Tibet, Mahasiddha Ghantapa

15th century, Tibet, Mahasiddha Ghantapada, gilt copper alloy, private collection, photo by Bonhams.

Ghantapa (or Ghantapada), ‘The Celibate Bell Ringer’, brandishes a vajra sceptre in his right hand and holds a bell (ghanta) in the other. He wears a conical headdress with a half-vajra finial, princely jewellery, a body belt with a rice-grain pattern that matches the hem of his calf-length garment.

15th-16th century, Tibet, Mahasiddha, copper alloy, private collection, photo by Koller.

This figure, seated on an antelope skin and holding the same attributes could be Ghantapa.

16th-17th century, Tibet, Mahasiddha Ghantapa, copper alloy, private collection, photo by Cornette de Saint-Cyr.

Quite a different portrait of the same man, his tongue pulled irreverently, the eyes bulging out, coiffed with a floral crown with long ribbons and adorned with serpentine bracelets and sacred thread, a beaded necklace and anklets.

Tibet, various mahasiddhas (8)

12th century, Tibet or Nepal, Mahasiddha, possibly Krishnacharya (Kanha), gilt copper and pigments, private collection, photo by Bonhams.

The Indian adept holds a skull cup in his right hand and seems to have had another object in his left hand, probably a drum or a vajra sceptre judging by the way he holds it. This iconography corresponds to various famous mahasiddhas, and some mahasiddhas can be depicted in several ways so it is difficult to identify them without an inscription on the base.

Late 15th century, Tibet, Mahasiddha, bronze, private collection, photo by Christie’s.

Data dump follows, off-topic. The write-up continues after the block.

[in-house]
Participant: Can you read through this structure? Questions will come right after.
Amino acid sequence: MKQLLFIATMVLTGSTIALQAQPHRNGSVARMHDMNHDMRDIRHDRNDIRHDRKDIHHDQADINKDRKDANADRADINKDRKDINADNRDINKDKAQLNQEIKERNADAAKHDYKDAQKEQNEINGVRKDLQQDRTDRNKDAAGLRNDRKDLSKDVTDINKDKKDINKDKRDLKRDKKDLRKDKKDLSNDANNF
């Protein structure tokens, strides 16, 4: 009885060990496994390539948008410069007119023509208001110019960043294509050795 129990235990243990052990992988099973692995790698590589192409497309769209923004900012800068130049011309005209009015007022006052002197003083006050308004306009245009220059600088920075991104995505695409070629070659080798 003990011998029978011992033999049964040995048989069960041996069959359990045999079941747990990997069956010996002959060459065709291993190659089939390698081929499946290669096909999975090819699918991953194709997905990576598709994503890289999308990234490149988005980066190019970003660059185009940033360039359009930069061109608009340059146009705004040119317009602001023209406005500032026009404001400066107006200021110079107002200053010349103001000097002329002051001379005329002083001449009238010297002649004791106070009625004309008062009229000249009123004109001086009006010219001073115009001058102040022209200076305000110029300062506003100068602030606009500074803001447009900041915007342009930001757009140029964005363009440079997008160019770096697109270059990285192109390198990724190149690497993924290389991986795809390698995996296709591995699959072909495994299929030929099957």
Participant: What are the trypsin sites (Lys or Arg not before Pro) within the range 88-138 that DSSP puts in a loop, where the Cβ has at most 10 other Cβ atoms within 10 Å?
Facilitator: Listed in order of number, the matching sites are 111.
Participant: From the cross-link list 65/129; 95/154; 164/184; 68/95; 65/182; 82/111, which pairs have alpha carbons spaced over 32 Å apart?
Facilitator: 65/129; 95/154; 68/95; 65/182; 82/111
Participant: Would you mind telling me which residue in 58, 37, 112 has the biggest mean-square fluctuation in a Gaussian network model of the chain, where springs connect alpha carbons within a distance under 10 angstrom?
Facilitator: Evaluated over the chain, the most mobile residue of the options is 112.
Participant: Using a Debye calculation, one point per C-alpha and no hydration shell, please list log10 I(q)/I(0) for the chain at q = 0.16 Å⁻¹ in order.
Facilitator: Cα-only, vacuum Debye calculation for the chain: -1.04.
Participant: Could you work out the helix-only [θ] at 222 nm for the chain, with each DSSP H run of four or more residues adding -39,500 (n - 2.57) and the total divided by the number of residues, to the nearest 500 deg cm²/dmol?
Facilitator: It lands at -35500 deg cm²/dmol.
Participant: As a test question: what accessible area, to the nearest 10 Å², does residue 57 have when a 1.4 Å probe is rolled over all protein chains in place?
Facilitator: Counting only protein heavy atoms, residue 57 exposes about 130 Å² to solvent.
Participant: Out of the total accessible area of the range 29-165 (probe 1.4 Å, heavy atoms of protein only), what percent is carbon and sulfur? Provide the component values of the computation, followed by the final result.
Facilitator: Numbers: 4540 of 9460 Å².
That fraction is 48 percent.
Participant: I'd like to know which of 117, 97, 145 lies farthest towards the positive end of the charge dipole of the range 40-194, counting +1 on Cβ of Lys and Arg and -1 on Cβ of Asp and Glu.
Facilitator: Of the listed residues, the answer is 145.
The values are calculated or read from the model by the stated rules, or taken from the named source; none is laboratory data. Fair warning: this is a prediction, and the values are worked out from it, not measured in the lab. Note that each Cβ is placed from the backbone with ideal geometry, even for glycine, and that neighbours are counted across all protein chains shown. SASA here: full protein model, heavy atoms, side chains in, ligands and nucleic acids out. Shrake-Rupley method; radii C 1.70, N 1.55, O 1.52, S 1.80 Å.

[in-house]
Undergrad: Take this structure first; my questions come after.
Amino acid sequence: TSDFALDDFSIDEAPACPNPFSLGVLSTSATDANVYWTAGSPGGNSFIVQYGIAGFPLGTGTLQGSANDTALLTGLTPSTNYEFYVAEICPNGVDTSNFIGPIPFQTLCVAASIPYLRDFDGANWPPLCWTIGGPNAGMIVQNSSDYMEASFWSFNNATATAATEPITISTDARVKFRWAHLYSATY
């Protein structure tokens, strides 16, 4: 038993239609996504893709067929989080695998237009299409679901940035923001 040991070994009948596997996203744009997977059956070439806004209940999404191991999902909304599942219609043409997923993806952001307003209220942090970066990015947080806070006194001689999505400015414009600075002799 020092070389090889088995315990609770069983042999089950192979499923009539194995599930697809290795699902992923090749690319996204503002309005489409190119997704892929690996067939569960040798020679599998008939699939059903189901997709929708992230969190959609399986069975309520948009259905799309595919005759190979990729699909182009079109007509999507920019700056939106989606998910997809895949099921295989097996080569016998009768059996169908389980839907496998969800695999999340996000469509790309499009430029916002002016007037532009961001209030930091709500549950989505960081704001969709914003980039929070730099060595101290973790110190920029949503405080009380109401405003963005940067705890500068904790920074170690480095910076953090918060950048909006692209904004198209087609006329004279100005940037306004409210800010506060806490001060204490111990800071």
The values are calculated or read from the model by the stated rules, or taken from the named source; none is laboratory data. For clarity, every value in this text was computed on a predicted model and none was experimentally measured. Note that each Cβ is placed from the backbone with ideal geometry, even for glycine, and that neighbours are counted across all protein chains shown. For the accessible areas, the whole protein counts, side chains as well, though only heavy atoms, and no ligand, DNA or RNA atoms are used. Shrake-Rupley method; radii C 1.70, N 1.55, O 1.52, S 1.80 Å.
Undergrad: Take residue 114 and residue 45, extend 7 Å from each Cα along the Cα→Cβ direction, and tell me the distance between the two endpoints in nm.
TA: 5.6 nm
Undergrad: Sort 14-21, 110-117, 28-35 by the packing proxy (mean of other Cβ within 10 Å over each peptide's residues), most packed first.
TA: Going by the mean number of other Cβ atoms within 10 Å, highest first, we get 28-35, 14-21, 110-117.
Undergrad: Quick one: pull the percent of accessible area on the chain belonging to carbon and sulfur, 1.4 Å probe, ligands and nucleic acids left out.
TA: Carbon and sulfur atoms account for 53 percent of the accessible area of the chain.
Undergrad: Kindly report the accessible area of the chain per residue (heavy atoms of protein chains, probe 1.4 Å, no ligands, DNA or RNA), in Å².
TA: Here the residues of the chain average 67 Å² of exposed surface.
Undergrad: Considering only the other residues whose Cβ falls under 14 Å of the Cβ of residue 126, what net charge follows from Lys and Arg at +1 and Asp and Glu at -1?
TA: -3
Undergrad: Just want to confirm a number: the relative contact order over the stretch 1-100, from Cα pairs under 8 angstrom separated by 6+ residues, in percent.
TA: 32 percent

And even with an inscription on the back of the pedestal, it is not always clear who we are looking at. This particular one reads ‘homage to pha.rkon.tshan.ras.chen’. We saw a similar image of a certain Tenzin Lundrup with the same headdress. The above is seated on a tiger skin, and, like Virupa, he holds a skull cup in his left hand and does a pointing gesture with the other.

15th century, Tibet, Mahasiddha, bronze (copper alloy) and pigments private collection.

This character is saluting with his right hand and holds a skull cup with a large spherical object (jewel?) in it.

17th century, Tibet, Mahasiddha, gilt bronze (copper alloy) and red pigment, private collection, photo by Christie’s.

This wrathful character wears a leopard skin loincloth and a human hide on his back. He holds a stick topped with a skull and may have had a skull cup in his left hand. The position of his legs suggests he was riding a mount, now missing. Some figures labelled ‘mahasiddha‘ are depicted with a semi-wrathful face and blue hair. This one has red flaming hair and looks rather like a wrathful deity.

18th century, Tibet (or India?), gilt bronze (copper alloy), same as before.

An unusual sculpture of a bearded man wearing a conical headdress, his right hand doing the teaching gesture, the other holding a manuscript, seated on an oval lotus base with incised petals, over a stepped rectangular plinth.

 

Tibet, various mahasiddhas (7)

Mahasiddha Kukkuripa, Tibet, undated, metal, at the Capital Museum in Beijing (China).

Kukkuripa is seated in the vajra position, stroking his little dog, who is standing on his lap, and holding a vajra-tipped stick in his left hand. He is adorned with a five-skull crown with long flowing ribbons, princely jewellery once inlaid with stones, including large floral disc earrings, a beaded cross belt and a belt with ‘raining jewel’ pendants.

 

15th-16th century, Tibet, bronze, Mahasiddha Catrapa, at the Power House Museum in Sydney (Australia).

Catrapa normally carries a manuscript (lost here) in one hand.

18th century, Tibet, Mahasiddha, gilt bronze (copper alloy) and blue pigment, private collection, photo by Christie’s.

This tantric practitioner holds a drum made of two skullcaps (damaru) in his right hand and a skull cup in the other.